What if the accused had good reason to wrongfully believe their victim was guilty. For example, assuming there is proof of the following, that the murder victim wanted to taunt the perpetrator, by confessing to the crime out of malice?
    – Ethan
    May 31 at 13:44
  • @Ethan It's a defence that turns what otherwise would be murder into manslaughter. As the lawmaker, you wouldn't want to do that lightly. And as the law is written, it MUST be the murder victim who provoked the murderer. Otherwise, even if the murderer had a very, very good reason that the victim had committed the crime, but was ultimately wrong about it, it remains murder.
    – gnasher729
    May 31 at 17:26

In most U.S. jurisdictions, there is a "crime of passion" defense which is an incomplete defense to a murder charge that reduced the charged crime of murder to a lesser offense if the defense is successful.

The crime of passion defense is based upon the effect of what the killer has seen the person killed doing on the person committing the offense.

For example, the classic crime of passion defense reduces from murder to manslaughter a killing done in the immediate passion of catching a man and the perpetrator's wife in the act of committing adultery.

But, this defense would not be defeated in this classic case, if, for example, the killer believed that the man was committing adultery with his wife when in fact he was having consensual sex with another women who looked similar to his wife and he couldn't tell the different due to darkness and generally poor visibility, and the mistake of fact about what was happening was reasonable under the circumstances.

For example, a mistake of fact might be reasonable for this purpose if the killer has circumstantial, but incorrect, evidence that led him to believe that the person he killed was committing adultery with his wife, which made his misperception of who the woman was seem reasonable and the woman was quite similar in appearance to his wife in a place where his wife and not another woman was expected to be, like his own bedroom.

So, the crime of passion defense could still be applied in a case involving a victim who was not actually doing what the factually mistaken perpetrator believed the victim to be doing in most U.S. jurisdictions.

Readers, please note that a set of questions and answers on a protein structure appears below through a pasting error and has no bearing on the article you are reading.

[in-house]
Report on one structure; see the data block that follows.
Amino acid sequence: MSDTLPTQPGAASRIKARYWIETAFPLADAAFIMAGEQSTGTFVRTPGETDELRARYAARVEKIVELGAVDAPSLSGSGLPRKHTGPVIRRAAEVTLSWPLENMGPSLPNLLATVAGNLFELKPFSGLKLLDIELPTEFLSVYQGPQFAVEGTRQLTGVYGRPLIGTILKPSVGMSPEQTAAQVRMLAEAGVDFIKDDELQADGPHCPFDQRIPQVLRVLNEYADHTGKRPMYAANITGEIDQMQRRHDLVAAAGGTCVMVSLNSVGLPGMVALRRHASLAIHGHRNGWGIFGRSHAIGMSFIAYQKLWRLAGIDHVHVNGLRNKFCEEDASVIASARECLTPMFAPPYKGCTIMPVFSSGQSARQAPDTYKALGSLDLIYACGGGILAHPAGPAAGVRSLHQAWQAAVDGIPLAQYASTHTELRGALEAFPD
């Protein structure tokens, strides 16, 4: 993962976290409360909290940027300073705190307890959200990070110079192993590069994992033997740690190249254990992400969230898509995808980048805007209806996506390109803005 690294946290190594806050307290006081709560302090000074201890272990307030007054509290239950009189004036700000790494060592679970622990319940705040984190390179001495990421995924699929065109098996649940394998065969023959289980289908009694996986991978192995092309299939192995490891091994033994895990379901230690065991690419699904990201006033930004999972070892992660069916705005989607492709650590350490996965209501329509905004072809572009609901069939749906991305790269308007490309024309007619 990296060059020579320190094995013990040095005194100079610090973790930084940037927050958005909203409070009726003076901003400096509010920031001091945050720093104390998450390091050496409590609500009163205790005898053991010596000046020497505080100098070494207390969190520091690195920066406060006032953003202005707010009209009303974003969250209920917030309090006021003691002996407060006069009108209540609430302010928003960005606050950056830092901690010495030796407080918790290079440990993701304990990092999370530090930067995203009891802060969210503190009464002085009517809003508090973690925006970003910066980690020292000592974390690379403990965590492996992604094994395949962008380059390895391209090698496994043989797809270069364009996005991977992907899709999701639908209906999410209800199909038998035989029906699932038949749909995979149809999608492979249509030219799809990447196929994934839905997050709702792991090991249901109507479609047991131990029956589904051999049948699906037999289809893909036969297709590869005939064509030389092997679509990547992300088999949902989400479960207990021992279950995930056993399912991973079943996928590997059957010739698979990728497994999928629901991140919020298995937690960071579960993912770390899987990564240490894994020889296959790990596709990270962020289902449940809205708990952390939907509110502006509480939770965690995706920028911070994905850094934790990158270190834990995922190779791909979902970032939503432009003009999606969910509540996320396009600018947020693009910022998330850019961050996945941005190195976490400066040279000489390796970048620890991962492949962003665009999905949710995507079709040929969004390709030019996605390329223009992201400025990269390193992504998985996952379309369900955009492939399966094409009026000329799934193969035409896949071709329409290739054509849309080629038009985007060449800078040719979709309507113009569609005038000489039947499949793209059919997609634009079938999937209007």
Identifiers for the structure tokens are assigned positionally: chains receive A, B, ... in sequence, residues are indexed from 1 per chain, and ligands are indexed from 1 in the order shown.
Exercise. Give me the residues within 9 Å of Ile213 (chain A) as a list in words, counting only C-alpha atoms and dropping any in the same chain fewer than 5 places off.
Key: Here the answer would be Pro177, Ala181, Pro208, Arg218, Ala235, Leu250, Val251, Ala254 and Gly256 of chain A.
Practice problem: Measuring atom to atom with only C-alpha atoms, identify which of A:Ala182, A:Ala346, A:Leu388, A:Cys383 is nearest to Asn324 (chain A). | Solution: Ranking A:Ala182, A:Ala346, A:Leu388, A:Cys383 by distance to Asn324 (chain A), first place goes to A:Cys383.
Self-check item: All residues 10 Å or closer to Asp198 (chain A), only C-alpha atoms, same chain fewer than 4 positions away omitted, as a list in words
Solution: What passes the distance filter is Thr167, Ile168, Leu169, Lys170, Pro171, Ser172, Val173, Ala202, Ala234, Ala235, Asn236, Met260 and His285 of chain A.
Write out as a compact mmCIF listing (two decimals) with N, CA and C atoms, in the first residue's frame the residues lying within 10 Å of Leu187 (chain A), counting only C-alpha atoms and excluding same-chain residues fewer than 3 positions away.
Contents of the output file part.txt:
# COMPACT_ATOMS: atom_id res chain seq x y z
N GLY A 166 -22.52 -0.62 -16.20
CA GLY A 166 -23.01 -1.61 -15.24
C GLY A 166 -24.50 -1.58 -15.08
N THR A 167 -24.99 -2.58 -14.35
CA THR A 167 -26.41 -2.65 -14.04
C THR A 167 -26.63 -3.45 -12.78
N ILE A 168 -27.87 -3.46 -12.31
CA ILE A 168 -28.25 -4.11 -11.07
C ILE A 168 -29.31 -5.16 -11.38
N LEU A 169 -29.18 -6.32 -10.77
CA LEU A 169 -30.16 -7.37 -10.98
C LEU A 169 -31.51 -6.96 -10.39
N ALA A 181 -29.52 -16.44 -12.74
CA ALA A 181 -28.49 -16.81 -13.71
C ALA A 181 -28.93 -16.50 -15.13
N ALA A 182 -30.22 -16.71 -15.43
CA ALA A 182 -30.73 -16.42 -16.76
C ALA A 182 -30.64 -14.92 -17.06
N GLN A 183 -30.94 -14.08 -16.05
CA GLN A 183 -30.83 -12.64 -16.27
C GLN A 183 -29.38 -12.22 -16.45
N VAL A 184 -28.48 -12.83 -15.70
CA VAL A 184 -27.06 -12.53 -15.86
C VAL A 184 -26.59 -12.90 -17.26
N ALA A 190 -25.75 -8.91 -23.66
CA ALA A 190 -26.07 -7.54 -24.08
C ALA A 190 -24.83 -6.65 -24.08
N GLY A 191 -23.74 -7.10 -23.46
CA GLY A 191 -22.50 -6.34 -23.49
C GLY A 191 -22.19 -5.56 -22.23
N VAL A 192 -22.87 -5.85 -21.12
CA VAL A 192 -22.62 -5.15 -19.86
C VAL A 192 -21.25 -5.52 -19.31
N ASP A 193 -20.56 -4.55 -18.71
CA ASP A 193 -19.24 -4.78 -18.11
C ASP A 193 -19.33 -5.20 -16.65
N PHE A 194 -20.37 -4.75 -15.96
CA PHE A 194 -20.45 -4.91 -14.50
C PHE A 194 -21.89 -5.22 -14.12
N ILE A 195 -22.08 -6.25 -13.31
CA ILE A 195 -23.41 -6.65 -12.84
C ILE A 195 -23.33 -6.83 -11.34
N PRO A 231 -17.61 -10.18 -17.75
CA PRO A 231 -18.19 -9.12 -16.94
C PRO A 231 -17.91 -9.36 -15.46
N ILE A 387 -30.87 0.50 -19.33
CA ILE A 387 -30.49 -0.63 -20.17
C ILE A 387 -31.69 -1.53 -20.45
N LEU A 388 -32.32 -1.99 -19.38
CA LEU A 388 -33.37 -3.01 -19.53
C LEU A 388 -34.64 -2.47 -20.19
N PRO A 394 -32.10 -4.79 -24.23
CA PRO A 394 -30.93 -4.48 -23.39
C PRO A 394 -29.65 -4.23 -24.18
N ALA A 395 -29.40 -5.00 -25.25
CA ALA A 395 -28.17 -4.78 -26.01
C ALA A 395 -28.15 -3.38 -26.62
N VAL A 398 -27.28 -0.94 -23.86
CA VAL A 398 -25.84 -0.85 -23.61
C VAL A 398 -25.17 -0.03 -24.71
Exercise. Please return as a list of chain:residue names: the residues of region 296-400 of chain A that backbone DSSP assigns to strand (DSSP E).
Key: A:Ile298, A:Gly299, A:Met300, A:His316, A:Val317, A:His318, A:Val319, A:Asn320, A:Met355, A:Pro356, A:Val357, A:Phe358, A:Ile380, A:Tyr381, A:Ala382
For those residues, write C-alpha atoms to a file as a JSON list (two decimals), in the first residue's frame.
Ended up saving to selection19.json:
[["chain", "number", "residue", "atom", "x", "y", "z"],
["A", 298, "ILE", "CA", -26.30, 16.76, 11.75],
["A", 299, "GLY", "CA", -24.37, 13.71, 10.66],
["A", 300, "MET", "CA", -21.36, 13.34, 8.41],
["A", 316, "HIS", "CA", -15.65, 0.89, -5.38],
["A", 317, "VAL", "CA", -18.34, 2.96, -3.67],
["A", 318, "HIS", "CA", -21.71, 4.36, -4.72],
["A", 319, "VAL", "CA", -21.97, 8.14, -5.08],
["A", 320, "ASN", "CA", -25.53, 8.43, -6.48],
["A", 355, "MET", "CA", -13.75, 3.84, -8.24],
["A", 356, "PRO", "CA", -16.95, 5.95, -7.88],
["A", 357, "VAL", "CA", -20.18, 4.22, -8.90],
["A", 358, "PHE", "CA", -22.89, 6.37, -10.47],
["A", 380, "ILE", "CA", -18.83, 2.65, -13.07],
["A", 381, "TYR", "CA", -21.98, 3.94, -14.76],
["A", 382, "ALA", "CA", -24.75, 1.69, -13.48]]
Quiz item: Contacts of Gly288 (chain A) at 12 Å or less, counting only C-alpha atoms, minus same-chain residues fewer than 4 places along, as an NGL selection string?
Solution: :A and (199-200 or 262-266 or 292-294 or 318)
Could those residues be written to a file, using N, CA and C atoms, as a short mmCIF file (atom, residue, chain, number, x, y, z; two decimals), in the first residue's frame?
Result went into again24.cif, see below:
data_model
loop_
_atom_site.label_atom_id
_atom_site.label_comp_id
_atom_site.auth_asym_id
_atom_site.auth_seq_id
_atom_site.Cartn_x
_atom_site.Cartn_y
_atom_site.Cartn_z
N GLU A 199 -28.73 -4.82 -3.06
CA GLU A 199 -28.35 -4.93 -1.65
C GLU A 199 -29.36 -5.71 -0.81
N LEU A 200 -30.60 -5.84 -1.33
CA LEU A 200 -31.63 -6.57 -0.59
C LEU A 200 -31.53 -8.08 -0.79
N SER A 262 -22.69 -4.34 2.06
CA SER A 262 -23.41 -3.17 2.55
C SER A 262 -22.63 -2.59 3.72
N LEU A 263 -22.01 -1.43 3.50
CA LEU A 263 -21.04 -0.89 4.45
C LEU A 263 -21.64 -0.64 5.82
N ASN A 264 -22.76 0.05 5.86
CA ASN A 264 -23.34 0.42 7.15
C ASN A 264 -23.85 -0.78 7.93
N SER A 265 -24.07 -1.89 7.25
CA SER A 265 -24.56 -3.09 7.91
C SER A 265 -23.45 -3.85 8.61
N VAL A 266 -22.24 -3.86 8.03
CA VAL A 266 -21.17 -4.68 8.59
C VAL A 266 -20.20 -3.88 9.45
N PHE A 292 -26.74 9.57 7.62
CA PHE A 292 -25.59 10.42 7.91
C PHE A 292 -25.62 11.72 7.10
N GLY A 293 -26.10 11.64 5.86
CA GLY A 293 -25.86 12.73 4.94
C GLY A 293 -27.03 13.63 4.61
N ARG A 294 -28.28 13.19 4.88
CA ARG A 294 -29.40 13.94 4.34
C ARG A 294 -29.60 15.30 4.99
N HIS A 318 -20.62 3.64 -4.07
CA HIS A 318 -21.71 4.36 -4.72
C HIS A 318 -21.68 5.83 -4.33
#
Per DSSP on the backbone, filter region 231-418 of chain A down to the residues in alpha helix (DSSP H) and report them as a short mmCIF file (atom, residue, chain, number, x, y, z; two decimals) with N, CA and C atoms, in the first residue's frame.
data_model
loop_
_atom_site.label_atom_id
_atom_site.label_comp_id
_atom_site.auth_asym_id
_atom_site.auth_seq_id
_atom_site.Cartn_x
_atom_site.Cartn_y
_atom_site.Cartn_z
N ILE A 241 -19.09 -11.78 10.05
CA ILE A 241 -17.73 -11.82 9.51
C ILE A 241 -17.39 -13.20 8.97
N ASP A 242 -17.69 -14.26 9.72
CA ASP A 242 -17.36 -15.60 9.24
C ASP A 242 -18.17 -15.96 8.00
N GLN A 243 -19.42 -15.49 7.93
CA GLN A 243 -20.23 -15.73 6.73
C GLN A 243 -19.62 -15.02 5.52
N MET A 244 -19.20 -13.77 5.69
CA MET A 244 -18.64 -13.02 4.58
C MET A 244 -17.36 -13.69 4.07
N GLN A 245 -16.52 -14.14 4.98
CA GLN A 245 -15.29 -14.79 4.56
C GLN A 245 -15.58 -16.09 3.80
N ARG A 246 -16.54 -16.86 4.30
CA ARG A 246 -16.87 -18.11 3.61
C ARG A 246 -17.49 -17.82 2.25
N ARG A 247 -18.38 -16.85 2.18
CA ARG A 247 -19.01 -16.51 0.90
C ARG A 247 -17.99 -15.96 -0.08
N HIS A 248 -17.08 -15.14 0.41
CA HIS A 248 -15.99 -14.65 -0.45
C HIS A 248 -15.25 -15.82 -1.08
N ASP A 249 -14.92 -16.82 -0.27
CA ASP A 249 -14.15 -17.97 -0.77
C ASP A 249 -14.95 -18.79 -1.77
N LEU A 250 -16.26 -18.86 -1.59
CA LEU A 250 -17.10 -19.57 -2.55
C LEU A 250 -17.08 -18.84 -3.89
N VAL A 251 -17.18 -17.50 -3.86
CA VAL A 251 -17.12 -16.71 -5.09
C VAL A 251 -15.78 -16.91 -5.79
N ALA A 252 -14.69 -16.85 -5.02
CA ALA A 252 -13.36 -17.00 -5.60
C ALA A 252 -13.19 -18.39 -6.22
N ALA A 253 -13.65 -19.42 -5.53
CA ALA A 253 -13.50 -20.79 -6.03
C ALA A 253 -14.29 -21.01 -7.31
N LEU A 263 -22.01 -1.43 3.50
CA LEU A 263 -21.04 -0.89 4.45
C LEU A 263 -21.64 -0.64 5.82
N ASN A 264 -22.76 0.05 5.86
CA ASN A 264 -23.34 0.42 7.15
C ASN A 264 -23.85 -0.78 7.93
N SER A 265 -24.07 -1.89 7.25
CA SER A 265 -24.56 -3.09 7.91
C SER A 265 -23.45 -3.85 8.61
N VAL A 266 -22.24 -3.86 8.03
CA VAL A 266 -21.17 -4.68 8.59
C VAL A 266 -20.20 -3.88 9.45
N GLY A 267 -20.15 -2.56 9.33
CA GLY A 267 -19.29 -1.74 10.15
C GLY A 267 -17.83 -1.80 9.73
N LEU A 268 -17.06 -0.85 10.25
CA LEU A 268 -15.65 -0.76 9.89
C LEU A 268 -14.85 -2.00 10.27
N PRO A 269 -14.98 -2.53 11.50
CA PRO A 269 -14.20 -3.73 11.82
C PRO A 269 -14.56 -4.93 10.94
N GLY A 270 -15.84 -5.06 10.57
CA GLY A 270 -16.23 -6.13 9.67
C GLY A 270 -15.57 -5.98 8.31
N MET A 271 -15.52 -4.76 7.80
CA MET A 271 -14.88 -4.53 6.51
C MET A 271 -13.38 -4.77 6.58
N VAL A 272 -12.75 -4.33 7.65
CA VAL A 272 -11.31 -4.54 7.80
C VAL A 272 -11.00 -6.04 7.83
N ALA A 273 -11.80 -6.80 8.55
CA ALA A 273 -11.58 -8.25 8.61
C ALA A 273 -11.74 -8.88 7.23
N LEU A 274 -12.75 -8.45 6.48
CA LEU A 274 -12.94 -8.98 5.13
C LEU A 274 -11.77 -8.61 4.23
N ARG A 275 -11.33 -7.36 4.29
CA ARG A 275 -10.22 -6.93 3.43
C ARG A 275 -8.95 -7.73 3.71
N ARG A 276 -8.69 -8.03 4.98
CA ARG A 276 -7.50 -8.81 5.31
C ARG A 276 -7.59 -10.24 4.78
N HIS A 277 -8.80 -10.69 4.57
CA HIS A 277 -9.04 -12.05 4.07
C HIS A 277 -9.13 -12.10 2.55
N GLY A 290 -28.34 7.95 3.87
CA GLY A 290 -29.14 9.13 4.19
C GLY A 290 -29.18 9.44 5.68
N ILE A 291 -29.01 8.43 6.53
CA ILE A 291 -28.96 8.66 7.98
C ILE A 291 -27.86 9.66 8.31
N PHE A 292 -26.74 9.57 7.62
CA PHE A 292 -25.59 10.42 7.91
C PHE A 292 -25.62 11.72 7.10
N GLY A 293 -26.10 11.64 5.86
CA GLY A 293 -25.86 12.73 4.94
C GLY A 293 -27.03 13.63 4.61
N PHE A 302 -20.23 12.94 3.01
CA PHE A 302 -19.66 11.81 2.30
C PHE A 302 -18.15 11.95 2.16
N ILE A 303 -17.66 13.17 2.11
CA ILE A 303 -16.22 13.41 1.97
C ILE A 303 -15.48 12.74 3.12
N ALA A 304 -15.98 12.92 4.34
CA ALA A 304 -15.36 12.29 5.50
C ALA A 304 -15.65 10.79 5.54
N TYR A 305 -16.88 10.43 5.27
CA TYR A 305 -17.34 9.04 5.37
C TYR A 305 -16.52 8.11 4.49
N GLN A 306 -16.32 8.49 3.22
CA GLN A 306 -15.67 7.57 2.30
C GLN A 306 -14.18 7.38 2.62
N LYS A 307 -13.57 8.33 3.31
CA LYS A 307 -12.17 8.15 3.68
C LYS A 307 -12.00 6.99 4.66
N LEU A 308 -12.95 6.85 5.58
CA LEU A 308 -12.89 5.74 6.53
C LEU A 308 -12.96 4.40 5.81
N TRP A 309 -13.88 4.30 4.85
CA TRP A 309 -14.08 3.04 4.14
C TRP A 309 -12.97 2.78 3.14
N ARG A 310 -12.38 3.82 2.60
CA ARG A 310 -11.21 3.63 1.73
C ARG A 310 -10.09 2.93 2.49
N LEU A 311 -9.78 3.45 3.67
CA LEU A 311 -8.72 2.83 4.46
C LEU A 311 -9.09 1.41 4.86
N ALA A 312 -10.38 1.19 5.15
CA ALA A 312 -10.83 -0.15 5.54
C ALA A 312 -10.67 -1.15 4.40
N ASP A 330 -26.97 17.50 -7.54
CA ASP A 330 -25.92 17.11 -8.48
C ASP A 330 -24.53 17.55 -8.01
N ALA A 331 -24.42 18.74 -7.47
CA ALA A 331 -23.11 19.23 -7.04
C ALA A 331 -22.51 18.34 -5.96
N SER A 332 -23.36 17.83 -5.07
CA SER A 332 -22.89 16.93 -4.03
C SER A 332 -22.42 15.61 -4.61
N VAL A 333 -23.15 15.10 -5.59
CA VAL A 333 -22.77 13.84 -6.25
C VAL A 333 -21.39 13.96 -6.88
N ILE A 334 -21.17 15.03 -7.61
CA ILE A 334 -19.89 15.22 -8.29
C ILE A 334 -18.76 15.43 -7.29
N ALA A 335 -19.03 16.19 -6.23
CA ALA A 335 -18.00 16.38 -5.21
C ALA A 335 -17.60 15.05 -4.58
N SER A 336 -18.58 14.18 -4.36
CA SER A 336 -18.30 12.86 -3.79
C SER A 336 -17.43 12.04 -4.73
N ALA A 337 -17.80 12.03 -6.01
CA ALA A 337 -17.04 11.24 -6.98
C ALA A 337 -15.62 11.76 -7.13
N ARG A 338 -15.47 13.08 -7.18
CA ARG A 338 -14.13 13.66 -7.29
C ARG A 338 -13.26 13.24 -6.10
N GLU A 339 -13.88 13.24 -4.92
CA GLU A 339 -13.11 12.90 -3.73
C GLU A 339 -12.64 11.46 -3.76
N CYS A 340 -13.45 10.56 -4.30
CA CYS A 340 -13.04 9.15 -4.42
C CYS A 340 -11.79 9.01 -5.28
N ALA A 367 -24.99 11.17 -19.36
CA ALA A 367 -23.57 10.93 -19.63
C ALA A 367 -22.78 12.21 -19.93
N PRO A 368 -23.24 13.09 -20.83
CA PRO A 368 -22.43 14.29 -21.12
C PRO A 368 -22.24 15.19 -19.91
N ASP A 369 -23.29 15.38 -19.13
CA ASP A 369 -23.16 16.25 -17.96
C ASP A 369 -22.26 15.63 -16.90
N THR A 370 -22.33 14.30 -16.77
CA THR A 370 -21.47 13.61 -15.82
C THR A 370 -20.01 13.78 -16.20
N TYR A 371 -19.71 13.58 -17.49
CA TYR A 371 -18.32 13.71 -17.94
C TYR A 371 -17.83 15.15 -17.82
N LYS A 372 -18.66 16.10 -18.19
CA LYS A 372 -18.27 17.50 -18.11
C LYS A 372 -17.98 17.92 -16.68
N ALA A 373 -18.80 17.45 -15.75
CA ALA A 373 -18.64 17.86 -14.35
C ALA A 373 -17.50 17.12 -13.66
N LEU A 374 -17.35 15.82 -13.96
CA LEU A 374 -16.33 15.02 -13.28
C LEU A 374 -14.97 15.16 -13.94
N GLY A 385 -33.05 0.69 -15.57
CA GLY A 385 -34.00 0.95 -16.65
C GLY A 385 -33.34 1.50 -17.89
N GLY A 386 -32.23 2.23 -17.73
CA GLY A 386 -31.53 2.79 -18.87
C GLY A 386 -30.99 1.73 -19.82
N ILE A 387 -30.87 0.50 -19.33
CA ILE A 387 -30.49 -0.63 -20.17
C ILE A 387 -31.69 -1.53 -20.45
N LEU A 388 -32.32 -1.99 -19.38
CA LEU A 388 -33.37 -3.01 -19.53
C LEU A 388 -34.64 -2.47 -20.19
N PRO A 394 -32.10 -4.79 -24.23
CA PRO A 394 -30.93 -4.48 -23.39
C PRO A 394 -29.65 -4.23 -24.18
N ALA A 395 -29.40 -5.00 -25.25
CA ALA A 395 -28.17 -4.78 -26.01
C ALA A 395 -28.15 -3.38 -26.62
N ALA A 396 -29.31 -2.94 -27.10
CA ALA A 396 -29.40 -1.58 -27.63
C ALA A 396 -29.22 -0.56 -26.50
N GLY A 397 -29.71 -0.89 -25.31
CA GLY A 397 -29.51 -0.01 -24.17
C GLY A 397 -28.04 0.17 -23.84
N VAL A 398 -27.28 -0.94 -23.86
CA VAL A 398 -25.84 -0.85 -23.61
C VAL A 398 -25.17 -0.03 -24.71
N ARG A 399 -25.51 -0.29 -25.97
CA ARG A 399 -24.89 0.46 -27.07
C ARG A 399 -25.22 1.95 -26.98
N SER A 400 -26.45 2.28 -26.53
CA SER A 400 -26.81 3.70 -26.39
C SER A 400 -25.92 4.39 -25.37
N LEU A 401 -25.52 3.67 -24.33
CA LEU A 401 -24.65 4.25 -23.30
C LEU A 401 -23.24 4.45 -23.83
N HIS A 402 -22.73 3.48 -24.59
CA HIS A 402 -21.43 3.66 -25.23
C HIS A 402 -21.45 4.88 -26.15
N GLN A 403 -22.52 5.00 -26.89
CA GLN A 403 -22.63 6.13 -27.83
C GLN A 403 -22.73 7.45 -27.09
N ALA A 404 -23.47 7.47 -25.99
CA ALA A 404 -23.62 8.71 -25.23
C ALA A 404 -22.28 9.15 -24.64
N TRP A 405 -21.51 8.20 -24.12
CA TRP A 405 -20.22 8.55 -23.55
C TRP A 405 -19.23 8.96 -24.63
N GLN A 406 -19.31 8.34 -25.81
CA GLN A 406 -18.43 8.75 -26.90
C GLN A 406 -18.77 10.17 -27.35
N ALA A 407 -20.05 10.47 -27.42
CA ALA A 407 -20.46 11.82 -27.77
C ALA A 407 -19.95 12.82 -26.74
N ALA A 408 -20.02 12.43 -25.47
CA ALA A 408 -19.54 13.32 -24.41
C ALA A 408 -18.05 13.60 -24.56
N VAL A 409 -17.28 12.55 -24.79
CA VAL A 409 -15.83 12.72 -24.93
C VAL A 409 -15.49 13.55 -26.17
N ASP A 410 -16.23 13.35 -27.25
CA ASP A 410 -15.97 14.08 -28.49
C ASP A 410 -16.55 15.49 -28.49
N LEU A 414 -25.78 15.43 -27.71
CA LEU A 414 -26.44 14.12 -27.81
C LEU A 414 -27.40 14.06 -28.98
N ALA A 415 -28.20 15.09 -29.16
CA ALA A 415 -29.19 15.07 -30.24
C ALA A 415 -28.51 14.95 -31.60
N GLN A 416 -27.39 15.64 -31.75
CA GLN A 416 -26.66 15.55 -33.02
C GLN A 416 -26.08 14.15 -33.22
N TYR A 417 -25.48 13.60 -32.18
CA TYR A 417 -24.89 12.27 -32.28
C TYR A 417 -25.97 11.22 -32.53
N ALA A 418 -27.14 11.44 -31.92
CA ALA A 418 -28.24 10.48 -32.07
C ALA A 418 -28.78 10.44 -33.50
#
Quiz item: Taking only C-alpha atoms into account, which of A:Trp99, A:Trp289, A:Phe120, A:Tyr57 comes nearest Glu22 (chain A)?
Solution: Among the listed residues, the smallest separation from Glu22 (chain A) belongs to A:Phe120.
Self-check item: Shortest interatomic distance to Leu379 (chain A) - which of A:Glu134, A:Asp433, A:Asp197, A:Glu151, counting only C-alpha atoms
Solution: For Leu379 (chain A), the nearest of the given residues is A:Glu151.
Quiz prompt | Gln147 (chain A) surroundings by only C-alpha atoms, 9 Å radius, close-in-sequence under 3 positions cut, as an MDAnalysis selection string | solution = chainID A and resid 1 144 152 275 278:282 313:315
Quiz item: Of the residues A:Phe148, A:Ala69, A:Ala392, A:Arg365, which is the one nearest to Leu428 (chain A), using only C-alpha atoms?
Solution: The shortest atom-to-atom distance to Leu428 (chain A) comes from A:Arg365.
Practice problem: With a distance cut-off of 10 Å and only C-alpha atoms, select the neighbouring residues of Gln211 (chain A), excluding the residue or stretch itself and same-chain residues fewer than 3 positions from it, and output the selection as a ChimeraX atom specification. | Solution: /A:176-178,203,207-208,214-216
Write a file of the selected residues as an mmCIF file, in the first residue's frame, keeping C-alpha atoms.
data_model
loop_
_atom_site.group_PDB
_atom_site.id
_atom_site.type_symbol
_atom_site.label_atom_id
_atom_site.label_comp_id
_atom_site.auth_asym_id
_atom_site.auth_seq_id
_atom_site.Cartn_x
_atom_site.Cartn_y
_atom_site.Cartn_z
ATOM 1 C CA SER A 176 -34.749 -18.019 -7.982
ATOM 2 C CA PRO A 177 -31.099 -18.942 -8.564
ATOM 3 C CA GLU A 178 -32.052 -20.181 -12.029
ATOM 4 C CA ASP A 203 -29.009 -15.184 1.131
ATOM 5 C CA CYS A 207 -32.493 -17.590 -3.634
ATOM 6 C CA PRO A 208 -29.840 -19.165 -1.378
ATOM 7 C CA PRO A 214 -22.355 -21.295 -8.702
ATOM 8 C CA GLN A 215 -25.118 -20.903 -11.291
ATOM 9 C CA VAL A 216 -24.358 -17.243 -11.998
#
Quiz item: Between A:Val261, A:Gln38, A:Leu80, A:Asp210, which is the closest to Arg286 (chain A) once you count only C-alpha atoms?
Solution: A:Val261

My question is, in an almost identical case, where the same circumstances apply and the perpetrator is proven to have experienced a moment of temporary insanity due sheer rage and extreme emotional distress; would the outcome of the trial be affected if in the course of the trial it was proven that the person killed was not in fact the one that commited this rape? Or would it only matter that the perpetrator believed he did?

The heat of passion defense is only available when when in provoked or incited by something you immediately see without time for reflection afterwards.

Vigilante justice that does not involve a victim in the act of committing what appears to be provocation, is not eligible for the heat of passion defense and almost never constitutes "temporary insanity." Indeed, usually vigilante justice will usually constitute first degree murder since it is premeditated.

Temporary insanity, when it applies, would generally involve, for example, an act committed while involuntarily (and sometimes unknowingly) intoxicated with a hallucinogenic substance, or an equivalent effect from a curable infection (e.g. acute Lyme disease can have this effect before it is treated), in circumstances that prevented someone from realizing that their conduct was wrong.

For example, if some gives someone LSD unknowingly and as a result the person who has been drugged perceives someone at their door to be an armed killer preparing to shoot, when the victim is actually a child delivering their newspaper, that would be temporary insanity.

Mercy given to a killer who was morally justified in punishing a criminal but did not catch the person in the act, is the sole province of the prosecutor in deciding what charges to pursue, and of the person with commutation or pardon power in the jurisdiction, not the judge or jury in the guilt or innocence phase of a criminal trial.

A judge in a criminal trial after a guilty verdict is imposed could, however, consider these kinds of facts when imposing a sentence within the range allowed by statute for the offense in question as mitigating factors. See, e.g., the case of Pieper Lewis who was convicted of murder but given a probation sentence.

For example, there have been a number of recent cases of women who killed men who were raping them or holding them in sexual servitude, not in the "heat of passion" and not using self-defense in that given moment from an assault on these women that was in progress, who were convicted and sentenced to long prison terms for murder, who then had their sentences commuted based upon these considerations (typically after having already served many years in prison). See, e.g., the cases of Cyntoia Brown (life sentence commuted after 15 years) and Sarah Gonzales-McLinn (clemency not granted).

One could also make a bogus and legally insufficient to win (but sufficiently supported by the evidence to argue) claim in a jury trial that also demonstrates that justifying circumstances in the hope that the jury, while not actually believing the bogus defense, will engage in jury nullification and acquit the defendant because they think a conviction would be inappropriate in these circumstances, despite what the law in the jury instructions says. This is perhaps the best way to explain the verdict in A Time to Kill.

You must log in to answer this question.

Not the answer you're looking for? Browse other questions tagged .